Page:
In the year and a half following my diagnosis I did pretty well holding it together in spite of the difficulties. My boyfriend confided to me (after much asking "what's wrong" on my part) that he did not find me attractive any more because I was so very thin from my treatments. We began having serious issues communicating with each other. Perhaps it was from his fear of losing me that caused him to become distant and non-communicative. Maybe it was my mood swings or maybe it was because in his eyes I was not quite as perfect as he once thought pre-cancer. Maybe we just grew apart for other reasons. Money was also becoming a huge issue for us. I had spent all of my savings on my naturopath and started receiving government disability assistance, not nearly enough to pay the bills. My only choice was to move out and seek government housing. I asked him if this is what it was really coming down to as we couldn't agree on a way to make it work and his reply was "If that is what you want to do". This literally broke my heart. I felt (and still feel) completely abandoned by him. Granted I know that he has a mortgage to pay and bills of his own, but aren't two people who are in love supposed to try to find a way to make it work together? He now has a roommate who gives him the money I cant. We hardly ever see each other anymore. We usually correspond via text message. I don't even remember the last time he told me he loved me or showed affection. I guess I am silly for wanting to make things work out and for continuing to hold onto the tattered scraps of what was once a truly awesome relationship where we told each other every day how lucky we were to have found the other. Maybe neither one of us wants to let go, after all we have been through so much together one would think that all of that adversity would have made us stronger and that cancer would have made each day just that much more precious.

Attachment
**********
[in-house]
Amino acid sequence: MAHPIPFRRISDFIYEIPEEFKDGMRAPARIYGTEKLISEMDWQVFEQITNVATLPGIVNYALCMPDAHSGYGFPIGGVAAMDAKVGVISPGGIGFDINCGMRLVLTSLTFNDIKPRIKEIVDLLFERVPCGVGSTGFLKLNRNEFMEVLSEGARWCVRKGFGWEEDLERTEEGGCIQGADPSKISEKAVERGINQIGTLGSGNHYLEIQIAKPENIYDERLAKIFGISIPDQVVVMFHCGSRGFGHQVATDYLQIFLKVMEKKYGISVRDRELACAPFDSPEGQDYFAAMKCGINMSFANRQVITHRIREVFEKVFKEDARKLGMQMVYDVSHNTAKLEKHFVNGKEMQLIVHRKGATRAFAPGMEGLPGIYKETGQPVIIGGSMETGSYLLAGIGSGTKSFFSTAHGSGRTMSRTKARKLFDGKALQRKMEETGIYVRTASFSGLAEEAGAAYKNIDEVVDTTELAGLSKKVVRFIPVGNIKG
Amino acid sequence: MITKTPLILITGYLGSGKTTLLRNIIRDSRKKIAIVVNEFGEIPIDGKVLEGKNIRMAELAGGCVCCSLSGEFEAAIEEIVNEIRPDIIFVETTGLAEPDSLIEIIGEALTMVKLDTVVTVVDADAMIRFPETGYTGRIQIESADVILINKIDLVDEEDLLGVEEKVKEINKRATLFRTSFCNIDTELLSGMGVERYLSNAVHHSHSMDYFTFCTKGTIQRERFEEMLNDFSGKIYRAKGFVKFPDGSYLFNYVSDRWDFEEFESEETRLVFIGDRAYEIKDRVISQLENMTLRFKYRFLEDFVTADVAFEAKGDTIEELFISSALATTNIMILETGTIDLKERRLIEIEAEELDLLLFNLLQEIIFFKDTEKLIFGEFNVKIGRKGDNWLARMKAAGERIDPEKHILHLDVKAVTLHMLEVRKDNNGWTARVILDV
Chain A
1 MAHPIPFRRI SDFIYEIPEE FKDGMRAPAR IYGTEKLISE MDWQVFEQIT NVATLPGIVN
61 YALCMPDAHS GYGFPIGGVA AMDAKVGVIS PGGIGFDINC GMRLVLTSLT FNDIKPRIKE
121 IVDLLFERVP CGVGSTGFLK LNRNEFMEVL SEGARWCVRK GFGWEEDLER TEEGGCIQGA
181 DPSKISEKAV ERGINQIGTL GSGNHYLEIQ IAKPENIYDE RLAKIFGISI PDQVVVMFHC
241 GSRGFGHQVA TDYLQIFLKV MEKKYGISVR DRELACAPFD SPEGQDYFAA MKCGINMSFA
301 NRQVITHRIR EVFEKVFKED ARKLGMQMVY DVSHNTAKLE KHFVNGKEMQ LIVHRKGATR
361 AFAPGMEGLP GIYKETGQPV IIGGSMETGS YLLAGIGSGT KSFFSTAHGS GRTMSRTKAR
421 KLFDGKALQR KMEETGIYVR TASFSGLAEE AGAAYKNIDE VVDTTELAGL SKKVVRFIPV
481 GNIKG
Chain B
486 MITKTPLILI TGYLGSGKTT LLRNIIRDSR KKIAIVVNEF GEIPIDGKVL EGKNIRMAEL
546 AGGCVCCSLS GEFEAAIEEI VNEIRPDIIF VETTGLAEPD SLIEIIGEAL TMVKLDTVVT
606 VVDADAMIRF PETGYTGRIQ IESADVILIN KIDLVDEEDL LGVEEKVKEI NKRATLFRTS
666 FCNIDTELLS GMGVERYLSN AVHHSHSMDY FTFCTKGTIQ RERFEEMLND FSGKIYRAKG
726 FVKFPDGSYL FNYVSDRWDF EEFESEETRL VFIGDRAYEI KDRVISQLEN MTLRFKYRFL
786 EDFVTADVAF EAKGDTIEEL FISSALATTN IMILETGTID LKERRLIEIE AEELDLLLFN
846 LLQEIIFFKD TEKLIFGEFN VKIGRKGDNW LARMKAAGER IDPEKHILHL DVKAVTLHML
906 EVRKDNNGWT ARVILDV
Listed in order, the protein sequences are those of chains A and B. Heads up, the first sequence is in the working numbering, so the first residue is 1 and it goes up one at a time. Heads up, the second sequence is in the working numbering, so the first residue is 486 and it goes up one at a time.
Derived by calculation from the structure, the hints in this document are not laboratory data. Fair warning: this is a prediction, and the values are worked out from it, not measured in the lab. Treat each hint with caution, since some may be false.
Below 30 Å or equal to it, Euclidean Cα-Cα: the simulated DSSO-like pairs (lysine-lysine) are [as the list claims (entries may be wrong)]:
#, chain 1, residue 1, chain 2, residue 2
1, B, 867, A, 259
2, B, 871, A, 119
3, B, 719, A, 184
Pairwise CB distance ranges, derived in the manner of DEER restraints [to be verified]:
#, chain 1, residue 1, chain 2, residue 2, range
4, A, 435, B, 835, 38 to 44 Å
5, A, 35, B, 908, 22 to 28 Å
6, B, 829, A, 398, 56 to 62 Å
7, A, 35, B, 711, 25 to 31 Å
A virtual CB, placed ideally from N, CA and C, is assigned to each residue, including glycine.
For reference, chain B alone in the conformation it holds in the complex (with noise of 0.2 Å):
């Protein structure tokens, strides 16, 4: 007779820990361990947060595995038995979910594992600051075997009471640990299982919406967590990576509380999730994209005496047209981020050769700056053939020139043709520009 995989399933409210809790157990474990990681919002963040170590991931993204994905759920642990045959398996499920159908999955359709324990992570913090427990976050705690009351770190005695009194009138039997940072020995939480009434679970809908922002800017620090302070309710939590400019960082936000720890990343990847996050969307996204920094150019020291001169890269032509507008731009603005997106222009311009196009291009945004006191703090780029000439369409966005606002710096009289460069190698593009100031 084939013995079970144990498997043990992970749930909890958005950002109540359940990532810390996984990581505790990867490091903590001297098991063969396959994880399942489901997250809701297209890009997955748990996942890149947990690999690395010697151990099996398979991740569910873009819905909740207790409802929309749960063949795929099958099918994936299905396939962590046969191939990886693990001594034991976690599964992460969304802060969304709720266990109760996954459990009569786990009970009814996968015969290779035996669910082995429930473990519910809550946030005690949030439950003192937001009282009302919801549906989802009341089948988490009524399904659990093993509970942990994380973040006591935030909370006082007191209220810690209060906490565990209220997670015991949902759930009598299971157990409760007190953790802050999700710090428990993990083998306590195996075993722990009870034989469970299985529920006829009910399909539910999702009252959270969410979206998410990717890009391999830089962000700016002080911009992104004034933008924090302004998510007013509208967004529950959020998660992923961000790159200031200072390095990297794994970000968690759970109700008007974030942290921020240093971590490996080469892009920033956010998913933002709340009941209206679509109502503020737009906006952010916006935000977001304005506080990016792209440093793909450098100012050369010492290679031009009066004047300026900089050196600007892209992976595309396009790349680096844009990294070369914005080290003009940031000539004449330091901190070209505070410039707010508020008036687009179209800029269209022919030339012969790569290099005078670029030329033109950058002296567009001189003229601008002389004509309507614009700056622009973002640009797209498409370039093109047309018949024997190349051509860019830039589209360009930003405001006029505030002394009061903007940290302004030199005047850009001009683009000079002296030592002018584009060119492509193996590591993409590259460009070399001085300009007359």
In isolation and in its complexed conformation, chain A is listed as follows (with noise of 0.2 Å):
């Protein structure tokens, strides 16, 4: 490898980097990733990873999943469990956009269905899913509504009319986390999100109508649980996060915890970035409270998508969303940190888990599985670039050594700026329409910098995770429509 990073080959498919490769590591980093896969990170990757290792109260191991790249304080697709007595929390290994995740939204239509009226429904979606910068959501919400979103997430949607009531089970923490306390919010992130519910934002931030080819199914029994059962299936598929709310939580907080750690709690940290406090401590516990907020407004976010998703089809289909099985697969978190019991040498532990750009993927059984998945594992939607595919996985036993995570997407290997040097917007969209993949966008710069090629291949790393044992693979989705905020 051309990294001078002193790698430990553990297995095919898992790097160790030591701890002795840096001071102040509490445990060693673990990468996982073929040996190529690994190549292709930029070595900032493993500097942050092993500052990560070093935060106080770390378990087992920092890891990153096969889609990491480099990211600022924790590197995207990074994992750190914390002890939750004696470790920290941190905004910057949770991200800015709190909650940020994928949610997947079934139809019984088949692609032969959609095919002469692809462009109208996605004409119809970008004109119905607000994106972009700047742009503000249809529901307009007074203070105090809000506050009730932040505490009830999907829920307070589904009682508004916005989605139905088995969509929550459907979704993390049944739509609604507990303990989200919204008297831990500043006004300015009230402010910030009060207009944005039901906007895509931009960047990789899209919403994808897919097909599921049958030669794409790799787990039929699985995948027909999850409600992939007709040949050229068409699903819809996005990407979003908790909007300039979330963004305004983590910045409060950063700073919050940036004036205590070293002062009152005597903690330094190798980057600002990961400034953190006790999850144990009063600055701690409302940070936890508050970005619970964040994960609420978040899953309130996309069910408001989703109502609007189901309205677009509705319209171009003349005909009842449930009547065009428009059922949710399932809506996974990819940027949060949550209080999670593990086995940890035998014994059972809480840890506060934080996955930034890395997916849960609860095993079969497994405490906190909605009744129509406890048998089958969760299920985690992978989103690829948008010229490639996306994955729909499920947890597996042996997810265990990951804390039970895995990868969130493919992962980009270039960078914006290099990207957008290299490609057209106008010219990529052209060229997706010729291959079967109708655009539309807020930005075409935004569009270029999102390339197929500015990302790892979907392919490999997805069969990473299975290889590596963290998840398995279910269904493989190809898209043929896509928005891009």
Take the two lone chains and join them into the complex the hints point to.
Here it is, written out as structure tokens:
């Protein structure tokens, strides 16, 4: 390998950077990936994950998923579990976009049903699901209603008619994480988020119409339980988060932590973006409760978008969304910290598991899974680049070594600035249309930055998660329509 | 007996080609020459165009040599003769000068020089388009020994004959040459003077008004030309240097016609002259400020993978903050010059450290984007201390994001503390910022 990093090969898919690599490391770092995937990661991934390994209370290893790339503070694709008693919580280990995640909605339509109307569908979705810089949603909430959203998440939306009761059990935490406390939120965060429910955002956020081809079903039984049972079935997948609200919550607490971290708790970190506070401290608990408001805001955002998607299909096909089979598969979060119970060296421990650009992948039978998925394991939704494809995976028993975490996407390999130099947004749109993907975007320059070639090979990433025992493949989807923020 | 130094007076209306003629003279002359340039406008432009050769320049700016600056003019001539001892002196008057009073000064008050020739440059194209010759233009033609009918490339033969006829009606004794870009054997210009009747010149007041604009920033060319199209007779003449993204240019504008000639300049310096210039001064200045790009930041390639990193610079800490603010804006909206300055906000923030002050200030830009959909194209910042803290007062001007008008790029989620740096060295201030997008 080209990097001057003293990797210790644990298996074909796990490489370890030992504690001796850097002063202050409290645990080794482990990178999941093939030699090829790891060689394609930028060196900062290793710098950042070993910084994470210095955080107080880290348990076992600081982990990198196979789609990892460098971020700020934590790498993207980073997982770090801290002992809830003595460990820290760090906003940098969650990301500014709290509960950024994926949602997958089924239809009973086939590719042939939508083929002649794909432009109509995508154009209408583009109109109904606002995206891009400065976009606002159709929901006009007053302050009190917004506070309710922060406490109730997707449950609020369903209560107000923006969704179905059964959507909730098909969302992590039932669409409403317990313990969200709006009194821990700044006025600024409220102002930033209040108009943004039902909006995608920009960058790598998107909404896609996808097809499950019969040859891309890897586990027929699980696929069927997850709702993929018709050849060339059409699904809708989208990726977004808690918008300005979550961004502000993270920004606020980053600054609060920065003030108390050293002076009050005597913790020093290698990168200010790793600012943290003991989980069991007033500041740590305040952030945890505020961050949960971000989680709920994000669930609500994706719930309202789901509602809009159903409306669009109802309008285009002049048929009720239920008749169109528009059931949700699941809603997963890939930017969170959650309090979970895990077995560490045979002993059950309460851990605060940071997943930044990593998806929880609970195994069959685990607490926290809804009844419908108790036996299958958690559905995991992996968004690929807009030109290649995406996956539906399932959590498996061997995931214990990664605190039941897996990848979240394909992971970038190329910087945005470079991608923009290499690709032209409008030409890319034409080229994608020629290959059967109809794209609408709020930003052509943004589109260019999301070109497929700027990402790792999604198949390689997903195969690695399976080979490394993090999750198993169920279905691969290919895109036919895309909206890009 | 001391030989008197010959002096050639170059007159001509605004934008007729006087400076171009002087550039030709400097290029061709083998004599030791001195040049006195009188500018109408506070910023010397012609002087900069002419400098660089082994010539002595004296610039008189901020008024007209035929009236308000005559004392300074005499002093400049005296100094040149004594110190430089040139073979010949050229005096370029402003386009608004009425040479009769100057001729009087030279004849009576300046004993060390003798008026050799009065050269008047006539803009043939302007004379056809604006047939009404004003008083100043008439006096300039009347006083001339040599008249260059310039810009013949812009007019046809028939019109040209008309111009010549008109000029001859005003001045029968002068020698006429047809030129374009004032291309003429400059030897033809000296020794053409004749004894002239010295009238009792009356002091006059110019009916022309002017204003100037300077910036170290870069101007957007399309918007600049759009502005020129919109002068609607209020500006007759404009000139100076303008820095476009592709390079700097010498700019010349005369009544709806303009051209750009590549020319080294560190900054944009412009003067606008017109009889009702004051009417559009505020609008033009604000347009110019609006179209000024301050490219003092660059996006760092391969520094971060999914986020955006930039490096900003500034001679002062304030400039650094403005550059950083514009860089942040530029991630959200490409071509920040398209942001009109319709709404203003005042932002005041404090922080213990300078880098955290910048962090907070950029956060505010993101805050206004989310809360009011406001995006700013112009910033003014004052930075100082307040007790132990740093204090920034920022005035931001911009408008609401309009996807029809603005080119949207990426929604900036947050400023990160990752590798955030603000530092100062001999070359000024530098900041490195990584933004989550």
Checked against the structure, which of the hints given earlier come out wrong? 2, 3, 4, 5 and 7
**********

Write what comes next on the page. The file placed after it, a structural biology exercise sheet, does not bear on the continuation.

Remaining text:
So here I sit, 39 days from my two year "cancer-versary" in a shitty government housing (with other "disabled" people who most likely did too much crack or meth) that smells like cigarette smoke, unchanged old man diapers, and greasy food while garbage trucks "beep! beep! beep!" incessantly at all hours of day and night outside my window that I always leave open for the fresh air wondering how in the hell it ever got to this point.
Most days I am able to distract myself from all of the less than desirable things going on in my life. I am usually pretty good about finding that "silver lining" in even the worst cases. I am a glass half full kind of person, usually eager to smile and be a dork. I still am. I am just extremely frustrated that there is just always some new bag of shit at my doorstep that I need to deal with. I am convinced that there is a lesson in all of this that I have not learned yet and that is why I keep not being able to find the bottom yet, get my feet back underneath me and climb the hell out of this gigantic hole I seem to have gotten myself into.
It is times like these that I constantly remind myself of my own advice and give myself an attitude adjustment. After all, people are dying all of the time from cancer...what to I have to complain about?
My advice to myself:
What you focus on expands.
CANCER CAN SUCK IT!